The Perils of Participating in Life

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Ok, spoiler alert here, this is a post about Crossfit — and  I am a drinker of the Koolaid, so just letting you know.

Just saw this:   http://www.realclearscience.com/blog/2013/08/finally-a-scientific-study-on-crossfit.html   article, which makes me feel good.  Mostly.

It’s no surprise to me that the testing has resulted in pretty spectacular results across the board.  No surprise because I have witnessed these same results in myself, my wife, and a whole bunch of new friends that I have made along the way.

I am healthier, happier, stronger, leaner, more flexible, and just generally feel younger, studlier, and better looking.  My teeth are whiter too.

I am more aware, at any given moment, of the state of every joint and muscle in my body.  What is sore, what is rested, anything that isn’t working quite right, or things that are chomping at the bit and ready to try for a new PR.

I’ve uncovered old injuries and limitations in range of motion that have lain hidden within me for years, and with slow, careful, work I have cleaned those problems up.  By doing that, I’ve also waved goodbye to old, nagging, aches and pains in other parts of my body which were caused by compensating for those weak spots.

I have; however, injured my machine on occasion.  Pulled a muscle, stretched a ligament, fallen on a box, torqued a joint in the wrong direction, even dropped a bar on my head and sported a blue goose egg in the middle of my forehead.  All of them my fault.  All of them a result of being tired and pushing past safe limits, and further, not listening to the little voice in my head.

All of those injuries are little (or sometimes big) reminders to listen to that little voice.  And in a way, those injuries are indeed another valuable benefit of Crossfit.  You are more aware than ever of your body’s limitations, and you make better decisions about what you can or cannot do.  This applies not just to Crossfit, but to activities in everyday life as well.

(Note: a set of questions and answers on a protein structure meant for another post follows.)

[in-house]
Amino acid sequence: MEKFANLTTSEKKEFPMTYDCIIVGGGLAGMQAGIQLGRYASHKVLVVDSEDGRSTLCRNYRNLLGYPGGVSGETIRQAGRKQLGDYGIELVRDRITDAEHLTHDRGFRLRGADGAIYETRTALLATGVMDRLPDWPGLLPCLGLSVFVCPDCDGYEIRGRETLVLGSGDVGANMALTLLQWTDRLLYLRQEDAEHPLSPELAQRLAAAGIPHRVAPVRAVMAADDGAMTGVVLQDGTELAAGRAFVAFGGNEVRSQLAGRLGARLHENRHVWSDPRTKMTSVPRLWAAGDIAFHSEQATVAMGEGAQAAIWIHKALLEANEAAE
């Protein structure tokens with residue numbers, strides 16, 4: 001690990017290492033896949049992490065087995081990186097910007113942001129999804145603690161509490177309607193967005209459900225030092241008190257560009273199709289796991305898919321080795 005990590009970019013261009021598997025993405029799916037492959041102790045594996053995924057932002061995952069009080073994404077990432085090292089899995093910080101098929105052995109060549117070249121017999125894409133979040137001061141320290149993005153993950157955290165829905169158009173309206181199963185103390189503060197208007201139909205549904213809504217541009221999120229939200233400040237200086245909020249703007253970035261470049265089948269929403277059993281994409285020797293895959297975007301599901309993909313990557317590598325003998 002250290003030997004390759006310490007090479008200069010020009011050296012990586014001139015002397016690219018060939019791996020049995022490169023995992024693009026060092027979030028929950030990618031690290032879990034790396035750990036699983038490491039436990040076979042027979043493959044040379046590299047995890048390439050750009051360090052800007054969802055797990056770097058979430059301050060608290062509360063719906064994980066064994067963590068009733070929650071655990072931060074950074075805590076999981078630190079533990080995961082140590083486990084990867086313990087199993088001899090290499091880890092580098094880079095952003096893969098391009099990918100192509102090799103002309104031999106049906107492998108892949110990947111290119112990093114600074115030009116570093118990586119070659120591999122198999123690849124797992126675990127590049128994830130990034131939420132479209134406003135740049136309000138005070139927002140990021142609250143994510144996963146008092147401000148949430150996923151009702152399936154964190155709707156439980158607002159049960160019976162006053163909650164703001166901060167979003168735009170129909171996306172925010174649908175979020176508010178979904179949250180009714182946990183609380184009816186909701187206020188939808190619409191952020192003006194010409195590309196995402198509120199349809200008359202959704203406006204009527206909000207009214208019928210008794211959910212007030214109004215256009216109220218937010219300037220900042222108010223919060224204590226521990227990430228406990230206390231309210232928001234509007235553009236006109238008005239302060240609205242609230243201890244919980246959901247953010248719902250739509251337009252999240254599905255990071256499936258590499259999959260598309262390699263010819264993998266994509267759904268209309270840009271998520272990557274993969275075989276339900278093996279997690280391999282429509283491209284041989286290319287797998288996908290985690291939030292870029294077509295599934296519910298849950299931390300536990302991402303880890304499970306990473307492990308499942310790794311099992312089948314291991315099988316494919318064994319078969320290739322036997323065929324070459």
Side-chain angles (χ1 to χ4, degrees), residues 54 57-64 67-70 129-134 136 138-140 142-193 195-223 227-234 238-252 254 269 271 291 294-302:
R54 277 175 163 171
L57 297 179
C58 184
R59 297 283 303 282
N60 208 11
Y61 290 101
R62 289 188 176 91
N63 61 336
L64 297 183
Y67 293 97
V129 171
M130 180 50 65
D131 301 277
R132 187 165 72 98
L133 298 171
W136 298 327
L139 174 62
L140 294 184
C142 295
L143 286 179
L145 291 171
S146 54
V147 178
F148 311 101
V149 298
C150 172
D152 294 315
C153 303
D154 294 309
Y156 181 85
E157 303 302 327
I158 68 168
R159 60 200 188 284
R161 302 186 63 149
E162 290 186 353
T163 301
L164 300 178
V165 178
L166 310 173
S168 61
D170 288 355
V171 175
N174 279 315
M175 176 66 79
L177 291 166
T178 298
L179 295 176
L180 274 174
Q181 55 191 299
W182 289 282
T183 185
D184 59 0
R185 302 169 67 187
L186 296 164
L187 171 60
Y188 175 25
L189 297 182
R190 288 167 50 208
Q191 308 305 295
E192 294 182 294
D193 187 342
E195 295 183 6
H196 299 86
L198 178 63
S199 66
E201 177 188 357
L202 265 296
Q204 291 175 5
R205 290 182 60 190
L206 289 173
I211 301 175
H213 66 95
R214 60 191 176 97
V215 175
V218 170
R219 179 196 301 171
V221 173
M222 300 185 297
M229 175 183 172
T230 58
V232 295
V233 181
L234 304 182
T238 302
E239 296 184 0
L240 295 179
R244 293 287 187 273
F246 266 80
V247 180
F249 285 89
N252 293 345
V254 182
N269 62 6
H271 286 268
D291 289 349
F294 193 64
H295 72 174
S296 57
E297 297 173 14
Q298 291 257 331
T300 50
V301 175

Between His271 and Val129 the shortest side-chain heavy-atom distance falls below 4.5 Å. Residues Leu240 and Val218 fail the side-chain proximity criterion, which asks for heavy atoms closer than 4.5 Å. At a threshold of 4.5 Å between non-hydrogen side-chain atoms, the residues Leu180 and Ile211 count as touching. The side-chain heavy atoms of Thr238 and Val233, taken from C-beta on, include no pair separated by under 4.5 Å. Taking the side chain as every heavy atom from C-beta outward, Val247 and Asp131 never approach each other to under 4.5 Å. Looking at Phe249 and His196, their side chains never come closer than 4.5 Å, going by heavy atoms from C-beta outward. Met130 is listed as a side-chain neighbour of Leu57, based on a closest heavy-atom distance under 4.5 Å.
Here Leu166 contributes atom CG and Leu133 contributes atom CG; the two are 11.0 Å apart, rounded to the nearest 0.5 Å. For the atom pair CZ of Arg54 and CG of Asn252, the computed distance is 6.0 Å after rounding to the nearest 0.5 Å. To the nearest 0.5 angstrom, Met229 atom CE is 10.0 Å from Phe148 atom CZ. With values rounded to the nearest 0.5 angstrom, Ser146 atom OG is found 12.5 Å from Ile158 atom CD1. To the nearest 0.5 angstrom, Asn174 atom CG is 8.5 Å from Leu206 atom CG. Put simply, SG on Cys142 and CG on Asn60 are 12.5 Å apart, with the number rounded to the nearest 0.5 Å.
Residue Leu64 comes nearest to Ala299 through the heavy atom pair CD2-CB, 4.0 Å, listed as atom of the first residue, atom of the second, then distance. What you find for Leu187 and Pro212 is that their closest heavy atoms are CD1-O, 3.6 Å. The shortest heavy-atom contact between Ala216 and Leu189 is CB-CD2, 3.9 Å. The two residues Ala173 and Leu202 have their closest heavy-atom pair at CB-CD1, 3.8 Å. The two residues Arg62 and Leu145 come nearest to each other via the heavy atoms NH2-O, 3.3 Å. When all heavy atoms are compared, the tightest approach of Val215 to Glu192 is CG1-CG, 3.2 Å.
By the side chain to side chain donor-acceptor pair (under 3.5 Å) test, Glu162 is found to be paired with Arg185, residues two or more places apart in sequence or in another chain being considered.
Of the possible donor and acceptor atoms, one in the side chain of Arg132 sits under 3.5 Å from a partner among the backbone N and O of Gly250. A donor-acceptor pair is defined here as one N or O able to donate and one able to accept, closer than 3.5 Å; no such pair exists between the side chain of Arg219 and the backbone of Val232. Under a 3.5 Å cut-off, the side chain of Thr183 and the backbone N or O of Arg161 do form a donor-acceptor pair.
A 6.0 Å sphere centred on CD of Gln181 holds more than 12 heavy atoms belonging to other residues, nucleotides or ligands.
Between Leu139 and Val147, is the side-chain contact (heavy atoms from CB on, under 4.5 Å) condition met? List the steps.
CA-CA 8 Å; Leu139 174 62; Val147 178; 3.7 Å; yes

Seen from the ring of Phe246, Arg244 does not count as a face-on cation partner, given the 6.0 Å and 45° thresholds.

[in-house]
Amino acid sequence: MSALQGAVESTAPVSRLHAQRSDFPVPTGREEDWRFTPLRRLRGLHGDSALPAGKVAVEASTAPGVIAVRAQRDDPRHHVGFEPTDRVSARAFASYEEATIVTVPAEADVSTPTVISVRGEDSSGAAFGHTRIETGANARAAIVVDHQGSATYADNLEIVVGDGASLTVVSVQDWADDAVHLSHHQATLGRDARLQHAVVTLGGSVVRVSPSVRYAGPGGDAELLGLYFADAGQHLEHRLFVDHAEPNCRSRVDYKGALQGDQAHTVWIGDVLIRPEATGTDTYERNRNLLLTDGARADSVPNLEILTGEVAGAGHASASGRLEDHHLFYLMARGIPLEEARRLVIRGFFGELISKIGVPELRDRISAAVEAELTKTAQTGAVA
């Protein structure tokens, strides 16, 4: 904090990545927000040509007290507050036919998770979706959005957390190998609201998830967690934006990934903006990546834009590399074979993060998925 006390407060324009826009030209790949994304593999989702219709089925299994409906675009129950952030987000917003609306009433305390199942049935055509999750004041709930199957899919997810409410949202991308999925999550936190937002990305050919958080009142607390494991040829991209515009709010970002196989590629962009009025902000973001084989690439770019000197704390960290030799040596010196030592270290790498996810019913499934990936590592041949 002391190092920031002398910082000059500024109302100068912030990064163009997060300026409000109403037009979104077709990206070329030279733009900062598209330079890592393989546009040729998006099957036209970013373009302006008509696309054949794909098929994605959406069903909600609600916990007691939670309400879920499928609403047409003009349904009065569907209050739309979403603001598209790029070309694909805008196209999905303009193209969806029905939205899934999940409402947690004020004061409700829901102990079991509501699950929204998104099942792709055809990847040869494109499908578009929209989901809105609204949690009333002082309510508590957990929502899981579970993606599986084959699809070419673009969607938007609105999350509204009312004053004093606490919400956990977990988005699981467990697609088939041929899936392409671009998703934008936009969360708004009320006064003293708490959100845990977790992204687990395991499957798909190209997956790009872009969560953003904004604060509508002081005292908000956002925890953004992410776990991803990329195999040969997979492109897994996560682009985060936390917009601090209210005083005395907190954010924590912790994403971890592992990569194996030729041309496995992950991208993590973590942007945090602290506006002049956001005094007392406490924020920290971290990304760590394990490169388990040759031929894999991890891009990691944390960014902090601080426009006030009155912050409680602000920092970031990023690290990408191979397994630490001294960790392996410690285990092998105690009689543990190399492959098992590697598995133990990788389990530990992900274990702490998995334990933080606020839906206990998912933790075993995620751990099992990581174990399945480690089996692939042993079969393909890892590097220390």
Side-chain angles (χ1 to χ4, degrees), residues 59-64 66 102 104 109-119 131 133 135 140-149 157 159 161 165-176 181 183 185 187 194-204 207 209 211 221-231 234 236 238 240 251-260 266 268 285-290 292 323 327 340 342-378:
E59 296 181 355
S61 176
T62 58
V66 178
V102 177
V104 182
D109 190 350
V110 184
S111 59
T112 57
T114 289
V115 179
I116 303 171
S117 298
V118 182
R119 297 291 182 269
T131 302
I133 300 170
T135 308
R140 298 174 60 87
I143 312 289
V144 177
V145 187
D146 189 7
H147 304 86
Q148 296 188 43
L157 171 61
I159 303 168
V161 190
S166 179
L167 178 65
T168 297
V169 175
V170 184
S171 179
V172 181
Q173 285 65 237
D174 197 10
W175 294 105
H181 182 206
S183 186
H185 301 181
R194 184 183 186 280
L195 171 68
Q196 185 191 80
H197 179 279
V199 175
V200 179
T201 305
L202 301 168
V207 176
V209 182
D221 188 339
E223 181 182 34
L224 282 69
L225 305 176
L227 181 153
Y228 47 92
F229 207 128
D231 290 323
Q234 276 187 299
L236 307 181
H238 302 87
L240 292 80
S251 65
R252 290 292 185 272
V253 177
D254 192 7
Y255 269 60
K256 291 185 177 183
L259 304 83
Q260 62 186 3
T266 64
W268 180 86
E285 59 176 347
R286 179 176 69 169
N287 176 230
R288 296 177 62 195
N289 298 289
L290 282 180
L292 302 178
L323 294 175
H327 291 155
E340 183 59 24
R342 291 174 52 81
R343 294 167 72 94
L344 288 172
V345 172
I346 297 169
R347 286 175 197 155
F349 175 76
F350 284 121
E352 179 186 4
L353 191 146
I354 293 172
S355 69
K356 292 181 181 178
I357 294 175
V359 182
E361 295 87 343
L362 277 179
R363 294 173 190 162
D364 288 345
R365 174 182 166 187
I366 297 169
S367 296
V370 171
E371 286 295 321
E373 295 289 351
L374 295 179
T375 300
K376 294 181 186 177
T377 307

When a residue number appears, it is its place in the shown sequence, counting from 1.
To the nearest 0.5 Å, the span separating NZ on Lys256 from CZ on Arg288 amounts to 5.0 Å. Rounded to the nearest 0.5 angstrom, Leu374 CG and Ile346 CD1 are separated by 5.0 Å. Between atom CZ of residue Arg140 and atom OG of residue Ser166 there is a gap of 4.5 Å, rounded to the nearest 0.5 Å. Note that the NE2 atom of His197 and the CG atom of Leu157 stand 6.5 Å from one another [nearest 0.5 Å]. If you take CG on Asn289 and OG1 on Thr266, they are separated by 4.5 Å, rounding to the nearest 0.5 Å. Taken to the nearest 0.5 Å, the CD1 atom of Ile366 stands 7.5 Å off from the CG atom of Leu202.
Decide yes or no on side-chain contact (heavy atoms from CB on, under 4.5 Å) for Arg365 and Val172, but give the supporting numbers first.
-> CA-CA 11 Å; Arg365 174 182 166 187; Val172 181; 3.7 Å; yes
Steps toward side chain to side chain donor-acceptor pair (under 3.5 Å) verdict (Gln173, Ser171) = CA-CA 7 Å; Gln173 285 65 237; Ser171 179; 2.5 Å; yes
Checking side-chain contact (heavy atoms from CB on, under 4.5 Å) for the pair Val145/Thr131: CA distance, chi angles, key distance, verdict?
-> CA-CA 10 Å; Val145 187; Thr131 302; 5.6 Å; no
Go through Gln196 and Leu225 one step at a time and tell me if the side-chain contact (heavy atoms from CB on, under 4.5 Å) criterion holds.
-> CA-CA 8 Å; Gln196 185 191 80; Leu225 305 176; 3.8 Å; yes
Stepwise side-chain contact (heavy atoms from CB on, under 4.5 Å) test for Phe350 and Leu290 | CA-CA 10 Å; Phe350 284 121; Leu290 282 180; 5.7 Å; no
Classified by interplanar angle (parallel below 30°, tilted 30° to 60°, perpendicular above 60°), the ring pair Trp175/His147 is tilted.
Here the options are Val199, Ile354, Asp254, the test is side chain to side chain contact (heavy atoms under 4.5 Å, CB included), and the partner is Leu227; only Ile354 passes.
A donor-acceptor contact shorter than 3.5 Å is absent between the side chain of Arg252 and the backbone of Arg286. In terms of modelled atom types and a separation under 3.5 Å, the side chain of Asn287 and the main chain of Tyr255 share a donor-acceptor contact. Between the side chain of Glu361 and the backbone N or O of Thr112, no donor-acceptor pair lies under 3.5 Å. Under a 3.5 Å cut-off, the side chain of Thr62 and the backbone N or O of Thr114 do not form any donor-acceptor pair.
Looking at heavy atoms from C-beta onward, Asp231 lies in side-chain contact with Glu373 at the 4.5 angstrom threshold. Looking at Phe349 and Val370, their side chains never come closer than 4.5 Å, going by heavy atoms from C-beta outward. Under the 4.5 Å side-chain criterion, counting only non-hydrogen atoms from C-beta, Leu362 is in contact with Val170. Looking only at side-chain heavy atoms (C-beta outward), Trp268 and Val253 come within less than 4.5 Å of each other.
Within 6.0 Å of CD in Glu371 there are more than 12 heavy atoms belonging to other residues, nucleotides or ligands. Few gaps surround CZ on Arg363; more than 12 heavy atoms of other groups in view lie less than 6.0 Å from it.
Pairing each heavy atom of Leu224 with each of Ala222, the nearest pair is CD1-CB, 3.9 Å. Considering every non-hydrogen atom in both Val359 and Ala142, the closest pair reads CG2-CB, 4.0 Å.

“A mans’ gotta know his limitations” as Josey Wales said.

My life of exercise started out as a mad tree climber at about 5 years old.  I soon moved heavily into biking, and somewhere in that shoebox in the closet, there’s a picture of me with my first shiner, from my first bike accident, which was on my first bike ride.

In the years since, I have ridden and raced bikes and motorcycles, run track, cross country, participated in trail running events, boxed, wrestled, climbed big rock walls and Himalayan peaks, and done several years in the Marine Corps.  Pretty much all of them have left mementos etched upon my body or or buried deep within my joints.

But those things are what makes me – me.  I wouldn’t give them up for anything, and wouldn’t give up Crossfit either.

We aren’t here to audit life, we’re here to live it.

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2 comments
  1. I do have fits of crossness, but I’d never heard of this. Impressive endorsement, but a warnging to avoid overdoing things.

    • I find my fits of crossness have gotten fewer and farther between since the start of my crossfitness.

      Crossfit is a method of working out, combining weight lifting, body-weight exercises (chin-ups, sit-ups, etc.) with aerobic exercises like running and rowing in a short, intense time frame. The emphasis is on developing all the various muscle and cardio systems in the body equally while also working on joint strengthening and flexibility (often do Yoga poses while warming up) all with an eye toward enhancing your ability to enjoy and participate in all the daily activities of life.

      It can also be quite competitive. There are competitions all over the world, and some people are now professional Crossfit athletes. Lots of the rest of us compete with our friends for fun and bragging rights, and that is a great motivation, but there is where the self-control needs to kick in, or you will do yourself a mischief before you know it.

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